The question is…when you hit bottom do you bounce?
If there’s no bounce left in you – you’re toast. Key to my survival in this work/life is the planning for regular escapes. Now, some might say that an escape is an avoidance of reality and therefore less than spiritually “proper”. Those folks are either much stronger than I am – or, they’re kidding themselves.
To be fully human is to desire escape. Escape from the box our minds tend to build up around us that we call “reality”. Over time these boxes become so familiar we think they are real when in fact they are only illusions - mental constructs. Only a good escape into some fantastic other world can get me to give my head a shake and see the box for what it is - comfortable, familiar and illusory. Also, those challenges, annoyances and brick walls that seem so permanent; that seem to be closing in - can definitely benefit from a new perspective.
So, I took a trip in search of soul food. Something to revive my spirits. But before I left I spent an afternoon at the church. We had invited a group of young mothers – all on maternity leave – to come and chat about the future of church. They brought along their babies and toddlers. While four of us looked after the kids, one of us led the conversation with the Moms. Being in a tired and spiritually hungry place, I was glad that someone else led that conversation. I could just hang out with the kids.
One little boy was a big challenge. He was very shy and didn’t want to let go of Mom. I took a couple of big toy cars and started rolling them back and forth down the hallway outside the kitchen where the moms were talking. The noise of the rolling wheels caught his attention and soon he was chasing after them and rolling them back to me. A little girl his age but much bolder came and joined us and soon he was competing with her for turns with the cars. She dragged a big plastic toy bin into the hall and I gave them rides in it dragging the bin up and down the hall.
How inappropriate for a grown man to be spending an afternoon playing with little kids. How inappropriate for a trained professional to be spending valuable time rolling cars up and down the hall.
It was like a tonic for me. It was the challenge of welcoming a new generation into the church – played out on the floor. Their parents are shyly checking out the church. Is this a good place to play? Is it safe? Who are these people and what do they want? That little guy wasn’t really sure he wanted to let go of the safety of mom; the known and the comfortable, and spend his time with these big strangers with their own ideas of what’s a good time.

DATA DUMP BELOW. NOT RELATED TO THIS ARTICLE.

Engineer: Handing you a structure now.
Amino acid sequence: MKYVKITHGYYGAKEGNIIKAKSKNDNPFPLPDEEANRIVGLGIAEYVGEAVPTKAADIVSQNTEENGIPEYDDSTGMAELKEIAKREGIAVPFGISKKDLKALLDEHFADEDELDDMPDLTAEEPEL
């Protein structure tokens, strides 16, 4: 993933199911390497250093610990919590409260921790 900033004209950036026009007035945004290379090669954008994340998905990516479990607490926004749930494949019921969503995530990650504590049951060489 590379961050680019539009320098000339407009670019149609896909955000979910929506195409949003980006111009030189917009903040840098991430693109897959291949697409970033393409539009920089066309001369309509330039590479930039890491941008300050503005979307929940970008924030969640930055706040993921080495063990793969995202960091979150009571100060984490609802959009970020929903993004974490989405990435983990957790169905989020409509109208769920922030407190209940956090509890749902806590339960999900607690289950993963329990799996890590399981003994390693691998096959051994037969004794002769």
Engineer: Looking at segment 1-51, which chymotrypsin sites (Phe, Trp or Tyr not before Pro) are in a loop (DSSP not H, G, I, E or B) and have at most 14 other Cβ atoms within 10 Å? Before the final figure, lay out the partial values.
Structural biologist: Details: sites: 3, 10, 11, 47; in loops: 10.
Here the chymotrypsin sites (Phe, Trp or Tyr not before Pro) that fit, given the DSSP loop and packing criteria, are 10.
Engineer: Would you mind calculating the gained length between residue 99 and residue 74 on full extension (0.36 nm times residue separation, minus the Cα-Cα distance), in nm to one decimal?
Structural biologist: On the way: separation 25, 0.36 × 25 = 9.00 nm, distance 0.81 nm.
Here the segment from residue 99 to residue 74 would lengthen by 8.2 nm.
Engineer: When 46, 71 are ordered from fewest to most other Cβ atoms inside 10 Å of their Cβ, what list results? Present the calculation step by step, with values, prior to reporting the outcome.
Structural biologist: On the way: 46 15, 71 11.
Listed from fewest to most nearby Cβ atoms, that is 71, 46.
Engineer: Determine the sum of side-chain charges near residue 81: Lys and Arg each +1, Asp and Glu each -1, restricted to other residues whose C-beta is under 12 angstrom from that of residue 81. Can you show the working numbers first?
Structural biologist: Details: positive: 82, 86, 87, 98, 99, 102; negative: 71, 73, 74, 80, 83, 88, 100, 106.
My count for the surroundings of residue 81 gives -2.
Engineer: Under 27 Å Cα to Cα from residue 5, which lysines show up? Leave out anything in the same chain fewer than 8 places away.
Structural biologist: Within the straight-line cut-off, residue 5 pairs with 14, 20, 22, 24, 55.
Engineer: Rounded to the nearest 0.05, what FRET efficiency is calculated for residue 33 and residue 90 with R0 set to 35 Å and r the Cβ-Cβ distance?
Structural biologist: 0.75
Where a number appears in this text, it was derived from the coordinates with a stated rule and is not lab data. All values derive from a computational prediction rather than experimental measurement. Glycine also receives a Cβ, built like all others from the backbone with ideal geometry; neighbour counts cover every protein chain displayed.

It was really the little girl that got him warmed up. Before we left they had an intimate moment at the end of the hall. A spontaneous hug and a look into each other’s eyes. The moment arrived and was gone again like a breeze passing. They were just appreciating each other’s company – saying thanks for being here and making this time fun.
That hug was like a holiday for me. A drop of pure joy. I imagine it’s how God feels watching our adult play – when in the midst of our earnest efforts - a moment of fleeting love happens – connects two people, or even a group of people in a sacred moment. A perfume is released into the atmosphere. A glow chases shadows from hearts.
From there I went to a Conference with a group of earnest people. We were gathered to hear important words from an important theologian. We fed our minds with stimulating questions and intellectual tidbits. I was going to tell you all about it here but first I wanted to tell you about that afternoon at the church that turned me around and bounced me back on the path towards the kingdom of God.
I’ll also post my much longer, but very interesting, blog about that Conference.